DESPITE the danger of being ostracized from her community or even stoned to death, 19-year-old Yinka Jegede-Ekpe went ahead and announced to her fellow Nigerians that she was HIV-positive.
In a country where women’s public voices are muted, she went on to set up a group to encourage her compatriots to speak out, fight stigmatization and raise awareness.
“The organization was formed to bring women out of their shells, because we have been trapped for far too long,” Ms. Jegede-Ekpe, who is now 25 years old, told Africa Renewal in New York in September.
“We believe women should come out and speak about their concerns about the HIV prevalence rate as well as treatment issues.”
Far too often the voices of the few women brave enough to attend mixed-gender gatherings could not rise above those of men, she said.
And it was the men who would speak for them on issues that primarily concerned women.
“More women than men in Africa are infected. It is they who care for people who are sick,” the activist noted.
“The issue of preventing mother-to-child transmission does not necessarily concern men. It is women who need to know how to protect their children.”
In 2001, Ms. Jegede-Ekpe joined forces with other women to form the National Community of Women Living with AIDS.
It teaches women about their rights and gives them gender-specific information on HIV/AIDS. Under-staffed and ill-financed, the organization still operates only in Lagos state, even though it aims for a national reach.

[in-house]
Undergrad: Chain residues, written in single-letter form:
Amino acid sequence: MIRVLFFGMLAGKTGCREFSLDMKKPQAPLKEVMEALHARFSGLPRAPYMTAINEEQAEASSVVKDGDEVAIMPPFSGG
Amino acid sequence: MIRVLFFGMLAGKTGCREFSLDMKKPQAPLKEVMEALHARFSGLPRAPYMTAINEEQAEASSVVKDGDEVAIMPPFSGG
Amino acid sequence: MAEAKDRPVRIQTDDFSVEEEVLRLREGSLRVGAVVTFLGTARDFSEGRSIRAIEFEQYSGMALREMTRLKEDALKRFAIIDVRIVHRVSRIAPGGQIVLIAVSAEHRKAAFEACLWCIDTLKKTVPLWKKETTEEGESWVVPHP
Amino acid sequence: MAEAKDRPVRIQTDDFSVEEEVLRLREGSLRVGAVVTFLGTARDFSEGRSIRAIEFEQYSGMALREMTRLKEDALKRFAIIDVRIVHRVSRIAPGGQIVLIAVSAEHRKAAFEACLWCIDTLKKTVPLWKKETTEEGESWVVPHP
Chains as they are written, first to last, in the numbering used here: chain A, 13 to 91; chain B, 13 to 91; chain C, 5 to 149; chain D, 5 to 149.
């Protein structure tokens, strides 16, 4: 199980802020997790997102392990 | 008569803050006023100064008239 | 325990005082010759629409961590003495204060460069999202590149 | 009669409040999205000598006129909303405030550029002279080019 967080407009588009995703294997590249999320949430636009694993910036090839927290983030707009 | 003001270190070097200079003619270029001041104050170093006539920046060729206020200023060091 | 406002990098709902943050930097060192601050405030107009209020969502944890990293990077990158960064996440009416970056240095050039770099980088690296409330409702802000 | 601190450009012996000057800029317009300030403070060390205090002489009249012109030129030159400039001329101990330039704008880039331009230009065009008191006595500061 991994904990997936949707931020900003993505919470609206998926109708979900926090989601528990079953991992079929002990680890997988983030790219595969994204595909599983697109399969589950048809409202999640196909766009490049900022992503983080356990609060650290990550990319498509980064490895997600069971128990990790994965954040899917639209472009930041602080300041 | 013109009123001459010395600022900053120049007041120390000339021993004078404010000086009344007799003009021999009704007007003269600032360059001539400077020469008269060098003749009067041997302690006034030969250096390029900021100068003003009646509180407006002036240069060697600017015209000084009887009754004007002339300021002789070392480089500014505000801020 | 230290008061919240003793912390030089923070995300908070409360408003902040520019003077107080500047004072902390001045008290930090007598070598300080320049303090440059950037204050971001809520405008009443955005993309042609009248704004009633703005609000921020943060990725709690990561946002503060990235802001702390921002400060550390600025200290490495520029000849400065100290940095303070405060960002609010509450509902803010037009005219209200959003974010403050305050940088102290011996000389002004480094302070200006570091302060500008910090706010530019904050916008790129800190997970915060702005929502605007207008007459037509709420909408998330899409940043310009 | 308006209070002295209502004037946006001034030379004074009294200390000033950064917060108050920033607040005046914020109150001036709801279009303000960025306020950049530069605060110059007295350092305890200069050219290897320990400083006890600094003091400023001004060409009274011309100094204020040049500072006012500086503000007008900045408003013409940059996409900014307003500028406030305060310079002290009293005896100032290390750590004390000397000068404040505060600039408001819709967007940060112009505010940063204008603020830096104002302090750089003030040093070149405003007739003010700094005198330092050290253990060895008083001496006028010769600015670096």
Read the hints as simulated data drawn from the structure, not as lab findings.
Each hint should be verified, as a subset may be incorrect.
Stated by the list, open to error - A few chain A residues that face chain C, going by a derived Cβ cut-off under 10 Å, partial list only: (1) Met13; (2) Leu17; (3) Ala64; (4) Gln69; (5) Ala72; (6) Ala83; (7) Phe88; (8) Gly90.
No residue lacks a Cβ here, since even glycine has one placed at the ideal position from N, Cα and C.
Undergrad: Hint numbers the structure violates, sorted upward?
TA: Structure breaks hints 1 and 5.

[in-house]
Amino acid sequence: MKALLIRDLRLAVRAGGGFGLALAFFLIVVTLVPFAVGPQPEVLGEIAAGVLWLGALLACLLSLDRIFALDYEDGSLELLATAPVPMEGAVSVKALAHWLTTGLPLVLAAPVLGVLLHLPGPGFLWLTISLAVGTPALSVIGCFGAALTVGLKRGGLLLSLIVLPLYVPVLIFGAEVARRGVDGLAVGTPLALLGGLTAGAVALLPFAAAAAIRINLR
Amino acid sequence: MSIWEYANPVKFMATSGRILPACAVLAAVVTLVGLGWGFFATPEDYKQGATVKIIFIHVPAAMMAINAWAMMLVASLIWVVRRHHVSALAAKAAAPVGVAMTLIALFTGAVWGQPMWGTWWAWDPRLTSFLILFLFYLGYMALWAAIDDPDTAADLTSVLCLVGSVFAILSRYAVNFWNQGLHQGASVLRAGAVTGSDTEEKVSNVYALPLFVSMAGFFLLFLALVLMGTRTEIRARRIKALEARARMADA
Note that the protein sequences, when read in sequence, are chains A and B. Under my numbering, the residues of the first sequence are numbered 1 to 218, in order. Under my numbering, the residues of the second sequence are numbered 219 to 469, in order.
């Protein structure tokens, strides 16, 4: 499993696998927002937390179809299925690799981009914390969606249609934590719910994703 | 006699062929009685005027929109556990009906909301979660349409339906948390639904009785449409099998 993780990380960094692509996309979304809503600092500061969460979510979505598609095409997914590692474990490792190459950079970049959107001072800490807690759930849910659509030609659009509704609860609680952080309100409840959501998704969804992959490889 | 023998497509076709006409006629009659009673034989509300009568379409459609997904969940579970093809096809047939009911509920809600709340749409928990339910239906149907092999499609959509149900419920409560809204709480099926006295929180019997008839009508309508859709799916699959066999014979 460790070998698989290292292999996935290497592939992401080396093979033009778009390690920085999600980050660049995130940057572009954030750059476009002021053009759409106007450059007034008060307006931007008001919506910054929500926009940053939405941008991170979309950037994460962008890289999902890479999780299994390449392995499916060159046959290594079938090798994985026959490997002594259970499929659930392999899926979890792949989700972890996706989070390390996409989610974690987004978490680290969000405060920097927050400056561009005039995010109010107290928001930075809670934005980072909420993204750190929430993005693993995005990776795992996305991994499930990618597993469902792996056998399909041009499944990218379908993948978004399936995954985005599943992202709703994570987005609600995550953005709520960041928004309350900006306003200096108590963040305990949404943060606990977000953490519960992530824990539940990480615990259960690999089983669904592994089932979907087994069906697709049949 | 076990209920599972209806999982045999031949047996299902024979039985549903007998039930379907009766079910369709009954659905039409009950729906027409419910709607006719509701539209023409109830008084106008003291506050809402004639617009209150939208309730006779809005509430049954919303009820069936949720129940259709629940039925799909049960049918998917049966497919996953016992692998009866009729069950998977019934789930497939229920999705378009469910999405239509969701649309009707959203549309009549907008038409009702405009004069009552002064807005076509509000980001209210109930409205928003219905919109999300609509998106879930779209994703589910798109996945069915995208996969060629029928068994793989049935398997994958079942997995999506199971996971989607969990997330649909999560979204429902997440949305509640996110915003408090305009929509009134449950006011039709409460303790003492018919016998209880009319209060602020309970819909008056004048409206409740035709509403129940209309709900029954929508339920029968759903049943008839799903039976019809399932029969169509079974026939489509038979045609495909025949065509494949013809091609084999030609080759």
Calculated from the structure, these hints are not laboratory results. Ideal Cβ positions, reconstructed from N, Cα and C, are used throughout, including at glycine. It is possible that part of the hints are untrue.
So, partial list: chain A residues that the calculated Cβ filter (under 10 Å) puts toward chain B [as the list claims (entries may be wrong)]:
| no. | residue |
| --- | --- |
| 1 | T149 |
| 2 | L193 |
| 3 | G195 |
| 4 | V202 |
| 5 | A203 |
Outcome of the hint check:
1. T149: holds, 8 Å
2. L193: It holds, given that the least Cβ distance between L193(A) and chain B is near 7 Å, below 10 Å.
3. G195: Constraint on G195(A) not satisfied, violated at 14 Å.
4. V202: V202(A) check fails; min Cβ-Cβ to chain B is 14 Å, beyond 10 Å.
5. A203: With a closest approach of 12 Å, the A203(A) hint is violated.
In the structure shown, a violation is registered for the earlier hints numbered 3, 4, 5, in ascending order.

Speaking out has not been easy. When Ms. Jegede-Ekpe revealed her HIV status while still in nursing school, the principal tried to expel her.
Her dorm-mates locked her out of the women’s bathrooms and relegated her to menial chores. But she fought for her right to continue studying.
Finding out that she had been infected through the unhygienic practices of her dentist, Ms. Jegede-Ekpe fought for changes in dental procedures.
The fight has been worth it because of the changes she sees taking place in the communities of Lagos.
“Right now, if a man comes to the podium and tries to speak for the women and children, I am sure that a woman will stand up from the crowd and say, ‘Please don’t talk for me while I’m here.’”
Ms. Jegede-Ekpe was awarded the 2004 Reebok Human Rights Award in New York for courage in changing her country’s response to HIV/AIDS.
Her organization is currently working on setting up a crisis fund for women and an educational trust fund for orphans.